Published on: December 18, 2020
Though the dust around COVID-19 is settling, the elderly are still grappling with the new norm, according to Dr. Vina Doshi, a consultant specialist in Geriatic Medicine at Farrer Park Medical Centre. In this article, Dr. Doshi shares how the pandemic has upended their normal routines and impacted their physical and mental health.
Since the outbreak in December 2019, there have been numerous data and news reports that showed how the elderly people are at a higher risk of dying due to COVID-19. Besides keeping up the vigilance to avoid getting infected, the elderly now have to wrestle with other aspect of personal health and wellbeing as a result of the pandemic.
While wearing a mask may seem like a simple and easy enough task, many people, including the elderly, have issues with remembering to wear them in the first place. “When a mask is worn, there are issues with keeping it in place. Masks which do not fit well will cause air leaks and the most common issue is the fogging of the spectacles which in turn could be potentially dangerous for the elderly; especially if their spectacles fog up while they are crossing a road or going down the stairs,” Dr. Doshi said.
When adjusting the mask, it should be done with sanitized hands and one should avoid touching the face. “Most of the elderly will not remember to sanitize or wash their hands before readjusting the mask, hence risking contamination,” she added.
Keeping a safe distance from each other can also be an issue. Many of the instances seen in the media whereby some citizens refused to abide by safe distancing rules were older people. “The elderly may be confused by the sudden change in habits and the interruption of their normal routine. They may not recognize the necessity and importance of following preventive measures,” Dr. Doshi explained.
“Furthermore, some of the elderly may actually be suffering from dementia. The measures, while basic, can be overwhelming for them, leading to confusion and restlessness. Hence communicating information about keeping a safe distance to them can be difficult as they are not able to comprehend the need for such instructions,” she added.
Dr. Doshi further shared that the measure of staying away from the elderly if they are unwell may be an issue in this population. Many are either caregivers to their disabled spouse or are being cared for by domestic helpers and other family members.
“If the caregiver becomes ill, it may be difficult to keep away from the elderly care recipient as there may be no one to take over. During the circuit breaker, things were even more difficult as foreign domestic workers were not allowed into the country at all. Even now there are many restrictions in place and this is causing issues with homebased care,” she said.
“We have seen a wave of physical and cognitive deconditioning post circuit breaker period, and for some, the effects are devastating,” said Dr. Doshi. “I have seen several patients who were able to function independently in February but in June, they presented with falls and difficulty standing up. It is quite alarming to see how fast an older adult’s condition can deteriorate in this situation.”
“Physical deconditioning increases susceptibility to injury falls at home such as hip fractures and cuts. These incidents can impair their mobility and result in them not being able to look after themselves,” she added.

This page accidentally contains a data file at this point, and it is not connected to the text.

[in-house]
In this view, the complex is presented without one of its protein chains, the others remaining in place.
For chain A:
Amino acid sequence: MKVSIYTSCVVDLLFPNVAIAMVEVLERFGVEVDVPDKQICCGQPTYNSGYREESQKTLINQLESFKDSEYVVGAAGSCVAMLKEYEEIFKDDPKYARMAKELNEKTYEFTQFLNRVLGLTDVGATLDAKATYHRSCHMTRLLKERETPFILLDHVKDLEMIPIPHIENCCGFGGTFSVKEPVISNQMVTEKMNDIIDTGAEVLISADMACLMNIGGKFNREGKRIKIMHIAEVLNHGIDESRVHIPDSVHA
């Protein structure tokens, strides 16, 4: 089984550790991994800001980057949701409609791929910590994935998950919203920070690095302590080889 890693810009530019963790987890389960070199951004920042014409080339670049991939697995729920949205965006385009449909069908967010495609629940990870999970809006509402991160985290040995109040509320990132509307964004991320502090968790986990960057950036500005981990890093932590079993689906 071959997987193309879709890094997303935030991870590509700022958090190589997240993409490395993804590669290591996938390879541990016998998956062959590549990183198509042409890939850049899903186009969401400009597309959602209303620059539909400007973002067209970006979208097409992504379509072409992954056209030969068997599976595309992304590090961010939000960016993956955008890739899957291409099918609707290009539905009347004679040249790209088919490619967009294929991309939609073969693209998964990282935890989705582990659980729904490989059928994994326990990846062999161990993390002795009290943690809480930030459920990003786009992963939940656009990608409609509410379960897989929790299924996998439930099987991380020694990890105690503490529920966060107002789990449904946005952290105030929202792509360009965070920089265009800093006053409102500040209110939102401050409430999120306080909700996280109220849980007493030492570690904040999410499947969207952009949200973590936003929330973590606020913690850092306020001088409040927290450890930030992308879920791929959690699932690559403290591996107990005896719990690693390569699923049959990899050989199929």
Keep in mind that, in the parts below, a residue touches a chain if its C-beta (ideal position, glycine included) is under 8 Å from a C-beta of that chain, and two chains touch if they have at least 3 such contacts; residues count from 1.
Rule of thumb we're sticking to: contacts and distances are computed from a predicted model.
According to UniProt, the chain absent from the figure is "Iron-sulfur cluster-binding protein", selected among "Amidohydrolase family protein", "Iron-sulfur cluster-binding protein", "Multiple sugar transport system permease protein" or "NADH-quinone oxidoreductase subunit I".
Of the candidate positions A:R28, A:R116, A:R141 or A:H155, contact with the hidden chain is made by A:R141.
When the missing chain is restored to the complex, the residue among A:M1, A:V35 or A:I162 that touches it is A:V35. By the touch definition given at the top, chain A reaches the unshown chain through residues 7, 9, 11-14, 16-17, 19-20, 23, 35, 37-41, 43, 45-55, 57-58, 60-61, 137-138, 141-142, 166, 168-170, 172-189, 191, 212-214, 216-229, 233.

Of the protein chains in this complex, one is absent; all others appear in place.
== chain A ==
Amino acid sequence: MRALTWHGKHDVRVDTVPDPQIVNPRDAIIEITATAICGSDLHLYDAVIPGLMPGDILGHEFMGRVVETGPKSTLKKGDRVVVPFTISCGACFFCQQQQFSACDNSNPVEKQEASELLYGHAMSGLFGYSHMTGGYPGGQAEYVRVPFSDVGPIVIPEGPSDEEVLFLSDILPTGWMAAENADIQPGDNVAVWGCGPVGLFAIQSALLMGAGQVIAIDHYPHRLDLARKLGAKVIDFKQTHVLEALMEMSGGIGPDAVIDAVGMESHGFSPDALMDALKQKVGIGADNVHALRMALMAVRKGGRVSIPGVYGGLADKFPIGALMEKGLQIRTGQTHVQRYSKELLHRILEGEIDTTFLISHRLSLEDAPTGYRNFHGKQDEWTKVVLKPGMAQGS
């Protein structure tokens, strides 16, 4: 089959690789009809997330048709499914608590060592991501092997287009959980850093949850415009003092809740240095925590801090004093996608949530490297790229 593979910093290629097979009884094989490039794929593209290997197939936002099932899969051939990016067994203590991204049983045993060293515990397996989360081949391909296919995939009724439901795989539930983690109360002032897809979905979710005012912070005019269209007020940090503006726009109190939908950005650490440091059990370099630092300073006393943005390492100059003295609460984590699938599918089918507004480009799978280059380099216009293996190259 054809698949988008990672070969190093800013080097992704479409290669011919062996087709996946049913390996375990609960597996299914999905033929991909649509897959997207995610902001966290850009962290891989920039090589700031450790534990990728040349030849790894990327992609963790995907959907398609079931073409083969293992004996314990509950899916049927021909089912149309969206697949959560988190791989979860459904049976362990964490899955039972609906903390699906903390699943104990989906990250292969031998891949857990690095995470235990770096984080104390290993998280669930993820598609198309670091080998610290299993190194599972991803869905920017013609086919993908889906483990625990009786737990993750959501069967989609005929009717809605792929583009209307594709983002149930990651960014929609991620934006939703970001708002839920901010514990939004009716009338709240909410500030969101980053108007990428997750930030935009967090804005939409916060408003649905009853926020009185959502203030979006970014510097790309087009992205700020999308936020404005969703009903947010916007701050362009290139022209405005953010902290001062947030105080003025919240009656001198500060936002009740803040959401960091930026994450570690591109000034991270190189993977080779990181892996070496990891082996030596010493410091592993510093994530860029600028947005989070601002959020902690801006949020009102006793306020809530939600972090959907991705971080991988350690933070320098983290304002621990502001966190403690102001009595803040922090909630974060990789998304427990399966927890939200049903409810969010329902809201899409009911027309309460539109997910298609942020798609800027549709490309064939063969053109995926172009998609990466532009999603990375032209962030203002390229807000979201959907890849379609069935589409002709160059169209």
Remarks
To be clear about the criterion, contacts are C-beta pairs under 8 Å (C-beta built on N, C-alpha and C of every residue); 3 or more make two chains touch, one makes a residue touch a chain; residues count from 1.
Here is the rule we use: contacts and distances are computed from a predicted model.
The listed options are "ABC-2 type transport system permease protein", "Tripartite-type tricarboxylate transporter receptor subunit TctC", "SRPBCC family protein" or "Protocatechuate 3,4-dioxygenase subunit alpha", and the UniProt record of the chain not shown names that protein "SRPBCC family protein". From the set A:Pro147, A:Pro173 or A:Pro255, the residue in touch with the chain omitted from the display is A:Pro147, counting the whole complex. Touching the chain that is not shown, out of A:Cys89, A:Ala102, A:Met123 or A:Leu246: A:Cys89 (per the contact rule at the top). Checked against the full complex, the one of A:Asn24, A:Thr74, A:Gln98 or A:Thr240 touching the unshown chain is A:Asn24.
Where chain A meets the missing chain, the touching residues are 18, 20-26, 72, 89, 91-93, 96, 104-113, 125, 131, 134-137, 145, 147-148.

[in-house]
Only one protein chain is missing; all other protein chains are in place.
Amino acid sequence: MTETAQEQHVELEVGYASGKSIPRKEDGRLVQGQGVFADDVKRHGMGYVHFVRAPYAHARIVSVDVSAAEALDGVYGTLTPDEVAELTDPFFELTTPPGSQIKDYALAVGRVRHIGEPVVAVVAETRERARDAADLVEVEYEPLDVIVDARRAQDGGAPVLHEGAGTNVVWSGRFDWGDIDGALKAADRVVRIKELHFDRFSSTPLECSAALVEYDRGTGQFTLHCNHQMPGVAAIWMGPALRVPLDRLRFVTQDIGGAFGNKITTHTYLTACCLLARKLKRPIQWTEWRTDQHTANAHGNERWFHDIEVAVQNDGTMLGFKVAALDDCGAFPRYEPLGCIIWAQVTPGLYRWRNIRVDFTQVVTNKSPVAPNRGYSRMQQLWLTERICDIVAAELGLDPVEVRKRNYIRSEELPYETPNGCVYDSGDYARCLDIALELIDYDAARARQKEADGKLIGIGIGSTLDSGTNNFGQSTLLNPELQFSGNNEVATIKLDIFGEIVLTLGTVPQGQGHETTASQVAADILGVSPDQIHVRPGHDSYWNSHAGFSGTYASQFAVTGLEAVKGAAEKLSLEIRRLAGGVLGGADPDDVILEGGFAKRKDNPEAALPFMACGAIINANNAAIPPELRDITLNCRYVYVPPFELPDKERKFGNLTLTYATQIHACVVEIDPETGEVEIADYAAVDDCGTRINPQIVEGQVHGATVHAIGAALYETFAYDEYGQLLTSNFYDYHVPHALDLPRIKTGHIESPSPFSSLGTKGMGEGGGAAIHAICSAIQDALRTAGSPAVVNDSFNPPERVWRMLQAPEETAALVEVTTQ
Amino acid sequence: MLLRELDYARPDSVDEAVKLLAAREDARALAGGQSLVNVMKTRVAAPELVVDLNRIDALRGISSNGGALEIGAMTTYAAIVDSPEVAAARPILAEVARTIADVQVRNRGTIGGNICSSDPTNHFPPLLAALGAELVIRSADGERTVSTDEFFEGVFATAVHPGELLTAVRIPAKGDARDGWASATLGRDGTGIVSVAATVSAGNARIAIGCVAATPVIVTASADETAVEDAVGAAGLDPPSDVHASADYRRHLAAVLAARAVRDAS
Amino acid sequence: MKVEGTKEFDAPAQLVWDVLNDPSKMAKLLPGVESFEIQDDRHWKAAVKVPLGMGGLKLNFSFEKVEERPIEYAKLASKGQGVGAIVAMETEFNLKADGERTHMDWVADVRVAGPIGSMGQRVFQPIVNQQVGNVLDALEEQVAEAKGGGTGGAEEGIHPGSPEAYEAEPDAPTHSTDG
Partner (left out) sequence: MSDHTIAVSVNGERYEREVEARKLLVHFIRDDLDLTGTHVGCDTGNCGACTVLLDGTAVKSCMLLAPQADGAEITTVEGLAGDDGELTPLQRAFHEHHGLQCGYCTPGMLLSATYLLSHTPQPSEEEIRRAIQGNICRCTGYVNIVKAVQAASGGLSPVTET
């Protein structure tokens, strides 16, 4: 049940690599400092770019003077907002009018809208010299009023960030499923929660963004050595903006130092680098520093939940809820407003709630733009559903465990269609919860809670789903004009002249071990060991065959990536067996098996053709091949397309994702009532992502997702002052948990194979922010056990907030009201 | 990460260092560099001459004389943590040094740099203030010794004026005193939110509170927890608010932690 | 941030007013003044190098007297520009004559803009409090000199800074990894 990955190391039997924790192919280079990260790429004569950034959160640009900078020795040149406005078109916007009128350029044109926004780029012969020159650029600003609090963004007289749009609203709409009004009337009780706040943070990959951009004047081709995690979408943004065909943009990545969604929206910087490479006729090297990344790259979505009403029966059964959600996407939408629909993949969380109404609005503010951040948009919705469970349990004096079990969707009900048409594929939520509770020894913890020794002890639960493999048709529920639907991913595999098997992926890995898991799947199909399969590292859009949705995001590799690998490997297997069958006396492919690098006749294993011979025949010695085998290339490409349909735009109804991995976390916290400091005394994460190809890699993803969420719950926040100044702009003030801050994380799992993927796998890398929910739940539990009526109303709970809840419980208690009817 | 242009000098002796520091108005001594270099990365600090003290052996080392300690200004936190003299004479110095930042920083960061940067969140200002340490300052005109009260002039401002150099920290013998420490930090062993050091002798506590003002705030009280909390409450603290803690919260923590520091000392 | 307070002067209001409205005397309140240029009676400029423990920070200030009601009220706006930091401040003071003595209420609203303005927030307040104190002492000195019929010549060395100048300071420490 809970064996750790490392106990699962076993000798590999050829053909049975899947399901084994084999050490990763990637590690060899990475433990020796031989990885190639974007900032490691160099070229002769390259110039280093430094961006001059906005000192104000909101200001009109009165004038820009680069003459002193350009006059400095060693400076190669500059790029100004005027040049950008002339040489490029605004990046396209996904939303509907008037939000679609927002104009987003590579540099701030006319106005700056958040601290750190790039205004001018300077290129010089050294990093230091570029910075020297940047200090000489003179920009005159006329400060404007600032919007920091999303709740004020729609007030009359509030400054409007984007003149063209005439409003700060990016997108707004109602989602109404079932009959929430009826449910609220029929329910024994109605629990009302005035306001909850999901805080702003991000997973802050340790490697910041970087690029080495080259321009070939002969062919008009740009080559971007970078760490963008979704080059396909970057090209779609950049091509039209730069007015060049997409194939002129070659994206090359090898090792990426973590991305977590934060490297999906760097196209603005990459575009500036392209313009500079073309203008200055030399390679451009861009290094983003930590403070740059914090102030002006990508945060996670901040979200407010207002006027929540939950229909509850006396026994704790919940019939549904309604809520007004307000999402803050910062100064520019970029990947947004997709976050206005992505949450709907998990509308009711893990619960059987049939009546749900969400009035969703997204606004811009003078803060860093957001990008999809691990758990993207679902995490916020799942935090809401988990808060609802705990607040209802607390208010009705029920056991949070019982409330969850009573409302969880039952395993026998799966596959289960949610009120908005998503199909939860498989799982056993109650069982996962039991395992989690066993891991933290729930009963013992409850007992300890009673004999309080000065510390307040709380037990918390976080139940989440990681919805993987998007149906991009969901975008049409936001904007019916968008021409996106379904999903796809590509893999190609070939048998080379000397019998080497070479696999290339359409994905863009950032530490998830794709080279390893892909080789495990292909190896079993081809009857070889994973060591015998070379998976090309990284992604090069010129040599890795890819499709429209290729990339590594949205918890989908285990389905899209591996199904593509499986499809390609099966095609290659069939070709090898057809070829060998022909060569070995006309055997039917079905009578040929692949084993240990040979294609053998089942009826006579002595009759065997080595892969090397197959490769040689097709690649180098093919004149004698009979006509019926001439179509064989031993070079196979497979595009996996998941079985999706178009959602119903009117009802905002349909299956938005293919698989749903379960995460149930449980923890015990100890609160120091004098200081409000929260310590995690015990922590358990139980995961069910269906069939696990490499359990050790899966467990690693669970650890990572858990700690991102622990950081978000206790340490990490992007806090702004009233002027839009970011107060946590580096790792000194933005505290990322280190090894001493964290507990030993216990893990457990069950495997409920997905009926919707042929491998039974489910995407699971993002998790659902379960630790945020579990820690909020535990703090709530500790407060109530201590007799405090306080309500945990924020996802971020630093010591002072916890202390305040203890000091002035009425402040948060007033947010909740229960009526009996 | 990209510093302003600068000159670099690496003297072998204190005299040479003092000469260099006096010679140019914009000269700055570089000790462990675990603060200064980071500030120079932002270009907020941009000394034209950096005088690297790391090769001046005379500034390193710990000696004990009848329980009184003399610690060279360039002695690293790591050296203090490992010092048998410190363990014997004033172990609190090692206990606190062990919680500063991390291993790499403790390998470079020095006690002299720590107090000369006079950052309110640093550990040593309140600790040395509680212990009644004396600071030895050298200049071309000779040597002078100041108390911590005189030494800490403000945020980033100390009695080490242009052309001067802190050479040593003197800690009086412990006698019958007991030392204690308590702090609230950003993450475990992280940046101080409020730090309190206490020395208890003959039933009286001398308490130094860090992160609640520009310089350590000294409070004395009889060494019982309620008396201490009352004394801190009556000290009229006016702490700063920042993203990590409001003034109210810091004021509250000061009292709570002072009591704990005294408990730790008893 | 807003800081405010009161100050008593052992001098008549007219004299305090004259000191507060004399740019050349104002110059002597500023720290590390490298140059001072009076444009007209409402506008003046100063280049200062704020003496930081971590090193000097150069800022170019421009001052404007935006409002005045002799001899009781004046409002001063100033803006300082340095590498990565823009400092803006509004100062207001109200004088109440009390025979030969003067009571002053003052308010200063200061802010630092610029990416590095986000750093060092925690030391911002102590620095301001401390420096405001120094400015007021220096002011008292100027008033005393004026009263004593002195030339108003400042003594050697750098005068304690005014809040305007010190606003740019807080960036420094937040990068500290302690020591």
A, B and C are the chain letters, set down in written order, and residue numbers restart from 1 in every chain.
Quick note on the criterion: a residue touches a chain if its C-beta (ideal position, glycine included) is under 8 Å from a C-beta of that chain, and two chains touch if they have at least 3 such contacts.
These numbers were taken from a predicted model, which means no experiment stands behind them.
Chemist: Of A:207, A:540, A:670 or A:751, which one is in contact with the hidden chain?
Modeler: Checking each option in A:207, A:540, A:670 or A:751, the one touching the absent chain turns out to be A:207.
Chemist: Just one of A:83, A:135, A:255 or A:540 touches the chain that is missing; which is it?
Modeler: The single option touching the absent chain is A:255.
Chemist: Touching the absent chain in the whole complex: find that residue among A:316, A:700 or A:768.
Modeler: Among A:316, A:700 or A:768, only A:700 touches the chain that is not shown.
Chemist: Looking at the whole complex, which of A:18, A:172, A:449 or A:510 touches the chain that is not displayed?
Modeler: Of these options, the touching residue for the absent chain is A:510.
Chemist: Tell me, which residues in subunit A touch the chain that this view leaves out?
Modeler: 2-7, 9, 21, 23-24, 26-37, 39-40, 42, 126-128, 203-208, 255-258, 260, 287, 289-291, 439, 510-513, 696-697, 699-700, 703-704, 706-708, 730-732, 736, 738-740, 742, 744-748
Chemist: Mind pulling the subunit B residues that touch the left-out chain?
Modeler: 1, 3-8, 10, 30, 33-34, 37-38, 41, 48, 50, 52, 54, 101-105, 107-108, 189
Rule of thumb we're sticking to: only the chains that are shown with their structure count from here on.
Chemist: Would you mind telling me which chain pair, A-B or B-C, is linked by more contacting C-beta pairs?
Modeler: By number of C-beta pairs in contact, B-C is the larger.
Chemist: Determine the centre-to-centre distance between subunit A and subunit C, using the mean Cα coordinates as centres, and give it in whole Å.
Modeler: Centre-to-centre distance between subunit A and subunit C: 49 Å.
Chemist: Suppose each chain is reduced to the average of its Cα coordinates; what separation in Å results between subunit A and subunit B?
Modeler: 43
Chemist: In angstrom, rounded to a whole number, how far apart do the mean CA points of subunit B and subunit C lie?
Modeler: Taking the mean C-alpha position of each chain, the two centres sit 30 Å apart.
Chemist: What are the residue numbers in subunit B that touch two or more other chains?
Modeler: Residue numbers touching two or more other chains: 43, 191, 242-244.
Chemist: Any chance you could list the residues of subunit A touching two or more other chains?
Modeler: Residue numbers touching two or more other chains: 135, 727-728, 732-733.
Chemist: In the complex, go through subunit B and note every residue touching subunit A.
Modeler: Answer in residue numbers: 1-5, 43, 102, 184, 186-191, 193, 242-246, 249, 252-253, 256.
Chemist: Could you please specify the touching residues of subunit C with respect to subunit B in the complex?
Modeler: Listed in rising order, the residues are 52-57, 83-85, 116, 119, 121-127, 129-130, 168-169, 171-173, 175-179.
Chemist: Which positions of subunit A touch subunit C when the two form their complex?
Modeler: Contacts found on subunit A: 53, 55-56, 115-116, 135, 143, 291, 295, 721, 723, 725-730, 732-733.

Being weak and in pain due to injury and as a consequence, becoming less mobile, could lead to conditions such as anxiety and depression or even the feeling of uselessness. The situation is further exacerbated with uptrends of family size getting smaller with older persons living on their own or with an equally elderly spouse.
The elderly may also go on to develop isolation issues. “The current generation of older persons worked all their lives and many do not have hobbies. Once they are stuck in the house and cut off from their families and circle of friends, there is usually a big void in their lives that they would struggle to fill,” Dr. Doshi said.
“We are also seeing more elderly who are foreigners but are stuck in Singapore either because their children prefer them here or that they are not able to go back (home) due to border restrictions. Many of these elderly have had their “status quo” taken away and this means not having their friends and usual support systems; they can be potentially completely lost,” she further added.
Thankfully, there have been various home based services such as home help services that were allowed to resume. Such services effectively help to reduce isolation.
While in-person clinic visits are normalizing, telecare and telemedicine are being encouraged. “COVID-19 and the circuit breaker have really forced many of us into an exponential IT learning curve. Consulting on the virtual platform requires a different level of skills and it is also very dependent on network connectivity,” Dr. Doshi highlighted.
She explained that lighting and the quality of the camera are crucial especially if required to make diagnoses on certain conditions such as skin rashes and jaundice.
“Although it is not the same as a face to face consultation, it did provide some sort of confidence on both parties that the treatment given then was based on some sort of clinical assessment,” she added.
On impact to the elderly, Dr. Doshi said that telemedicine is a different challenge altogether. “Sometimes they do not know where to look, some have looked at the screen and said ‘Are you sure that’s the doctor?’ Many were and still are not comfortable nor confident with this mode of consultation,” Dr. Doshi shared.
As we progress towards our new norm, we have to pay special attention to out older citizens and help to ease them along this path as there is no choice but to accept and become comfortable with this new IT based consultation.